Can Heart Disease Be Caused by Gum Disease?

Growing evidence suggests that there is more at stake than your teeth and gums with periodontal disease.

While researchers have yet to prove that periodontal disease (gum disease) can cause cardiovascular problems, there is certainly a lot of evidence of a relationship between the two conditions. Research shows that people suffering with gum disease are twice more likely to experience cardiovascular issues.  A recent study also found evidence that people with increased LDL cholesterol have a higher risk for cardiovascular problems when they also have periodontal disease.1


What is Gum Disease?


Gum disease is a condition where your gums are harmed by bacteria and other debris when it turns into a sticky substance called plaque.  If the plaque is not eliminated through daily brushing, flossing, and periodic cleanings with your dental hygienist, it can harden into tartar, which can damage gums, leading to bone and tissue loss, as well as loss of teeth.  


Some symptoms of gum disease include:

  • Inflamed gums that are red and painful, or other oral pain

  • Visible bleeding when brushing and flossing teeth, or chewing hard food

  • Receding gum line, which causes your teeth to look longer

  • Pus found between teeth and gums

  • Mouth sores

  • Constant bad breath

  • Your teeth fit together differently when you bite

  • Your partial or dentures fit differently


What Causes Gum Disease?


There are several things that can cause gum disease.  These may include:

  • Smoking

  • Hormonal changes in girls and women

  • Diabetes

  • Other health conditions and their treatments

  • Genetics


How Can Gum Disease Affect My Heart?


Scientists believe that cardiovascular disease and periodontal disease are linked through inflammation caused by bacteria originating in the mouth.  As bacteria grow and cause damage to the gums and other tissue, it’s possible that it can enter the bloodstream, causing inflammation.  Vessel hardening plaque may accumulate, and can break off and travel to the heart or brain, causing a heart attack or stroke.


How Can I Treat My Gum Disease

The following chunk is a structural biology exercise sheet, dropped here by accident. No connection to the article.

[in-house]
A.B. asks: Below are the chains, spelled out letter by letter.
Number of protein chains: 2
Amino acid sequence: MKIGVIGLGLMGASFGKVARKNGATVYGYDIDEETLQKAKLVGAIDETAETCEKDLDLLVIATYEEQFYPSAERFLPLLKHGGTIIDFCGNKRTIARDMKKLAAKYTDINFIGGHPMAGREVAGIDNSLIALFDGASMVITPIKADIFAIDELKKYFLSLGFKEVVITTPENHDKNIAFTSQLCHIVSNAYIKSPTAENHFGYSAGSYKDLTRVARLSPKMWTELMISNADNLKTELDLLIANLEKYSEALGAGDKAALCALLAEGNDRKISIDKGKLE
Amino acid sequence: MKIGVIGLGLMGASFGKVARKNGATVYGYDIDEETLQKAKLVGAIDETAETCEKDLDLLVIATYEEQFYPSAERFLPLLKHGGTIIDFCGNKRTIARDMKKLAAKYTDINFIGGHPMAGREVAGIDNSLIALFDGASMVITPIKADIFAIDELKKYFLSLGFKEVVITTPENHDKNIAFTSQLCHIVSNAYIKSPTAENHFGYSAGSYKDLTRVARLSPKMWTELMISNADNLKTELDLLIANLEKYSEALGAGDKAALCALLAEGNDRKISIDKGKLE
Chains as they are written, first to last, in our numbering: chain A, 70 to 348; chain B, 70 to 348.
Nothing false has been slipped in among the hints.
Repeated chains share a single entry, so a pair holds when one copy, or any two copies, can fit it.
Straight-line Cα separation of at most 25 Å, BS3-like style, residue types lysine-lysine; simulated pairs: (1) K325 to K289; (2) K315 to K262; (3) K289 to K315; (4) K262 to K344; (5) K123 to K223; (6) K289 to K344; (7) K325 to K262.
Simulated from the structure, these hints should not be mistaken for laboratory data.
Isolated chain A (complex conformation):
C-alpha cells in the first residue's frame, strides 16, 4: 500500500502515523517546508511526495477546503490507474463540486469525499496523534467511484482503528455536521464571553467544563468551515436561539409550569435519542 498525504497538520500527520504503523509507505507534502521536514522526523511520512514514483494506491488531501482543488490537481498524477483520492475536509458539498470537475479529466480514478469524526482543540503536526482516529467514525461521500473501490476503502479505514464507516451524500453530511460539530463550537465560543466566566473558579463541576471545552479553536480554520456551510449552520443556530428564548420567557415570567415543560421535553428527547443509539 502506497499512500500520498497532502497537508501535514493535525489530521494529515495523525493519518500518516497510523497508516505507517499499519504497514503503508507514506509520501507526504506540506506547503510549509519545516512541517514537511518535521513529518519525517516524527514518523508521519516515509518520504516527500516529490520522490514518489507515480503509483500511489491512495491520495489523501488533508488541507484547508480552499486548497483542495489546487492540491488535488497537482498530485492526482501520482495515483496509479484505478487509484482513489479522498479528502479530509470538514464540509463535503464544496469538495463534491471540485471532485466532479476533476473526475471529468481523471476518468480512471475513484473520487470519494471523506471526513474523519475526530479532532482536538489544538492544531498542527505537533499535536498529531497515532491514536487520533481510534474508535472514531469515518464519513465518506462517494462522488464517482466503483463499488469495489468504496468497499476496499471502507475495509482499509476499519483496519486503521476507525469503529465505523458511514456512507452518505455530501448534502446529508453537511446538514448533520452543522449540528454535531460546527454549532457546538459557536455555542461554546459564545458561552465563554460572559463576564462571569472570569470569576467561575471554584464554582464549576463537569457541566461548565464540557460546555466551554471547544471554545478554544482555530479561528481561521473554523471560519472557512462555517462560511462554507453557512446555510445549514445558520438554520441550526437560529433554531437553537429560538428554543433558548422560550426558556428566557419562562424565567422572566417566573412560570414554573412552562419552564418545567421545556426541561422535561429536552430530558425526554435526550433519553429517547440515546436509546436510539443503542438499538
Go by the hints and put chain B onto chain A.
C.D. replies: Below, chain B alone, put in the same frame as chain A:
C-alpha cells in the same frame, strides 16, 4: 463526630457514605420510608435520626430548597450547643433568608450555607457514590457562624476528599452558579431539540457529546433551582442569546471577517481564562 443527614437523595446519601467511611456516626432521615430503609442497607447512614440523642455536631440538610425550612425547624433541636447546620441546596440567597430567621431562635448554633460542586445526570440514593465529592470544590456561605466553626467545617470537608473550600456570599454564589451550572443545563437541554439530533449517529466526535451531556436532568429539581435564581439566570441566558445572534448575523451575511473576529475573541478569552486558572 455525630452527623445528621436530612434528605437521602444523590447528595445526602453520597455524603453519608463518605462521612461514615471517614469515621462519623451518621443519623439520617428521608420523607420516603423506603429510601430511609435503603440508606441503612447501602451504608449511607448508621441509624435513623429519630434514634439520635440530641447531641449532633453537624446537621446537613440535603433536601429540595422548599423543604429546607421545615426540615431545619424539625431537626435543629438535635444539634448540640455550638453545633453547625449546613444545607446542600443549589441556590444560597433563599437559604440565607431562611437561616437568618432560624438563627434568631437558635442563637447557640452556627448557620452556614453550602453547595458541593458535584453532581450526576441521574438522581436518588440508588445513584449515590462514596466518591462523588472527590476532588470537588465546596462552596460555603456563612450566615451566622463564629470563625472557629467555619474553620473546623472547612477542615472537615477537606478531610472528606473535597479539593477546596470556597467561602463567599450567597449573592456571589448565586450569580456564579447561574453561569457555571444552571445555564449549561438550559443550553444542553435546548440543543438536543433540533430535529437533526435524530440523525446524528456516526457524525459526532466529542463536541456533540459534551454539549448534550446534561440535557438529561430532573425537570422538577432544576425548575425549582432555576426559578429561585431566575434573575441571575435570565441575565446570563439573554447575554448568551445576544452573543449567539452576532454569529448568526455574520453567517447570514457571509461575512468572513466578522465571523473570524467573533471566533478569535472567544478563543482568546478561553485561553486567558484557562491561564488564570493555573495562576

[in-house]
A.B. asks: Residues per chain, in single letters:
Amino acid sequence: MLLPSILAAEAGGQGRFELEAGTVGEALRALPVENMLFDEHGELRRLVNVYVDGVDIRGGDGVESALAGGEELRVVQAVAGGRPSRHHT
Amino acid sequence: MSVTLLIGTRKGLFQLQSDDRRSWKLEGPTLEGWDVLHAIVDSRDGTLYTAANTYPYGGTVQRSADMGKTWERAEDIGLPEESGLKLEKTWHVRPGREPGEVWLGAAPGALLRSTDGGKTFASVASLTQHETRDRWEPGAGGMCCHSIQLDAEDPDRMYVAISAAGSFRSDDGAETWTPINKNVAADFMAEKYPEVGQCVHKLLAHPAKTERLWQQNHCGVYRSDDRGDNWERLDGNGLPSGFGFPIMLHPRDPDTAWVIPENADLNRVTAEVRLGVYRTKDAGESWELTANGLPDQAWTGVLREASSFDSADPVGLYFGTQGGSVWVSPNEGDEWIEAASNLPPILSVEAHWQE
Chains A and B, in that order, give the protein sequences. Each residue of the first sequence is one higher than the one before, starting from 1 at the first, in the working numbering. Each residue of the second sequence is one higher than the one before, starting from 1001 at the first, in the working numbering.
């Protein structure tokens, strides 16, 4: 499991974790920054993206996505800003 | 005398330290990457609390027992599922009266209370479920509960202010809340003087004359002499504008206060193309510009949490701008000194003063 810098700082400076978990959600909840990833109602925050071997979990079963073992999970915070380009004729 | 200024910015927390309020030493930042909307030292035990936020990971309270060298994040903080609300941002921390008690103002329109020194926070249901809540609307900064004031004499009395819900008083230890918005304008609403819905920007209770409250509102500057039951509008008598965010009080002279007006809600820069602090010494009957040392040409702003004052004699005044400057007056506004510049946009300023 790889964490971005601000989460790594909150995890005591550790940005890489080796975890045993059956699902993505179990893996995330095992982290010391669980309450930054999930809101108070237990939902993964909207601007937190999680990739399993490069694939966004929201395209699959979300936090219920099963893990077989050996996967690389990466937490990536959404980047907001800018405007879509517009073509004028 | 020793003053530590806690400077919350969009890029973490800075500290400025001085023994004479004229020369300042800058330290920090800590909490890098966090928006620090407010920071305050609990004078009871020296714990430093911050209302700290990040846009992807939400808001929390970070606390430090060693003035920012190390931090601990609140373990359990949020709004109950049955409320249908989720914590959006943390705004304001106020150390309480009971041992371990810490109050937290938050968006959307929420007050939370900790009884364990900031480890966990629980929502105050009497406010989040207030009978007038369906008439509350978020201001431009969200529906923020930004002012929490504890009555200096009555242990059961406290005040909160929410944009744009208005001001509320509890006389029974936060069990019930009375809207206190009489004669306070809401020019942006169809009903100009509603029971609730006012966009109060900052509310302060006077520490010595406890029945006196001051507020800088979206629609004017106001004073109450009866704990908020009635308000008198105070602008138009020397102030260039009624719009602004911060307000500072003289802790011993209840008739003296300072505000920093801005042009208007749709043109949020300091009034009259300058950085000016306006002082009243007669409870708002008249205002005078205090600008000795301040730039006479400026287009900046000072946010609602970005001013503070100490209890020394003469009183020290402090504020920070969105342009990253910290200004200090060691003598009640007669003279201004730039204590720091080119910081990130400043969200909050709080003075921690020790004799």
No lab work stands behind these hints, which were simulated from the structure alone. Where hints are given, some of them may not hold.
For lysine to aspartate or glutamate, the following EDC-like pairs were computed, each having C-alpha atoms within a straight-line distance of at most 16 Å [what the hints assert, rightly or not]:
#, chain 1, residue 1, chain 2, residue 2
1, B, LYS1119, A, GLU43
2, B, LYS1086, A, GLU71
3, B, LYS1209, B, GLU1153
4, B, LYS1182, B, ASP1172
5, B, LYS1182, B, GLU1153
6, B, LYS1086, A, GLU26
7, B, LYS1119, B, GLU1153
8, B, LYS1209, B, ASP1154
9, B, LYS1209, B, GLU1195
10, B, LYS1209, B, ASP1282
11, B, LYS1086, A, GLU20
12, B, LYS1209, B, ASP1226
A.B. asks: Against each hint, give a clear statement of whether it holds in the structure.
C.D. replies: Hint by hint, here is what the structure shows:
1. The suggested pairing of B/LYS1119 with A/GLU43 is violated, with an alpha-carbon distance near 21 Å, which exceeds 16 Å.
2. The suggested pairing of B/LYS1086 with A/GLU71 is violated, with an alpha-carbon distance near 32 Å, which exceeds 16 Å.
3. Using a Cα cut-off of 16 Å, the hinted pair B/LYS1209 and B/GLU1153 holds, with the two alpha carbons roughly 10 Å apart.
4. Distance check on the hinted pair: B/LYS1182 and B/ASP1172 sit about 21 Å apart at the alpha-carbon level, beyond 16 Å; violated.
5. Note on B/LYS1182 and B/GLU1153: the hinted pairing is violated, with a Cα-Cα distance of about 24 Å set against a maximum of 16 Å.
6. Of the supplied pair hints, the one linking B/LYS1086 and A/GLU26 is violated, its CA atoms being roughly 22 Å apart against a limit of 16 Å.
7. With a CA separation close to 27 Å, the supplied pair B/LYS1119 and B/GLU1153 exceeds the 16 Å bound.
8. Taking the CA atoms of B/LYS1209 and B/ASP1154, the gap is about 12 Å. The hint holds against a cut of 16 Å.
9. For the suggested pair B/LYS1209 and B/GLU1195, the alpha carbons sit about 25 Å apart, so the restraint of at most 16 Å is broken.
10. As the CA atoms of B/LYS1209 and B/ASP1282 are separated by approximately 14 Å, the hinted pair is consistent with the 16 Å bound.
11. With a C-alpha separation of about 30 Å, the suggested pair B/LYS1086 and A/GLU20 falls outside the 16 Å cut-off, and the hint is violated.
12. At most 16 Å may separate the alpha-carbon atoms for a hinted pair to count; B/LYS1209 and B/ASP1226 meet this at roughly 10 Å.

The best way to help prevent gum disease is good oral hygiene habits, such as brushing, flossing everyday, and visiting your dentist for regular cleanings and checkups.  If you develop gum disease, your dentist may choose a treatment that’s right for you, and can include deep cleaning, prescription mouthwash, antiseptic chips, antibiotic gel, antibiotic microspheres, enzyme suppressant, and oral antibiotics.


In instances of severe gum disease, there may be deterioration of bone that functions as foundation for your teeth.  An oral surgeon may suggest a bone graft, which involves using bone harvested from another part of the body to repair the damage in your mouth, and provide an anchor for dental implants, as well as help preserve the appearance of your face.




Good oral hygiene means more than having a pretty smile, it also means safeguarding your overall health and quality of life.  If you have periodontal disease, it is important to manage your condition, and prevent possible damage to your heart and blood vessels.  If you suffer from heart disease, it is crucial that you take care of your teeth and gums to avoid worsening your condition, and potentially having a heart attack or stroke.


If you suffer from bone loss caused by periodontal disease, the professionals at The Summit OMS have the skills and experience to repair the damage safely, and help restore your smile. To discuss your options for bone grafting, contact our office today.  


1Mathews MJ, Mathews EH, Mathews GE. Oral health and coronary heart disease. BMC Oral Health. 2016;16(1):122. Published online November 15, 2016. doi: 10.1186/s12903-016-0316-7.


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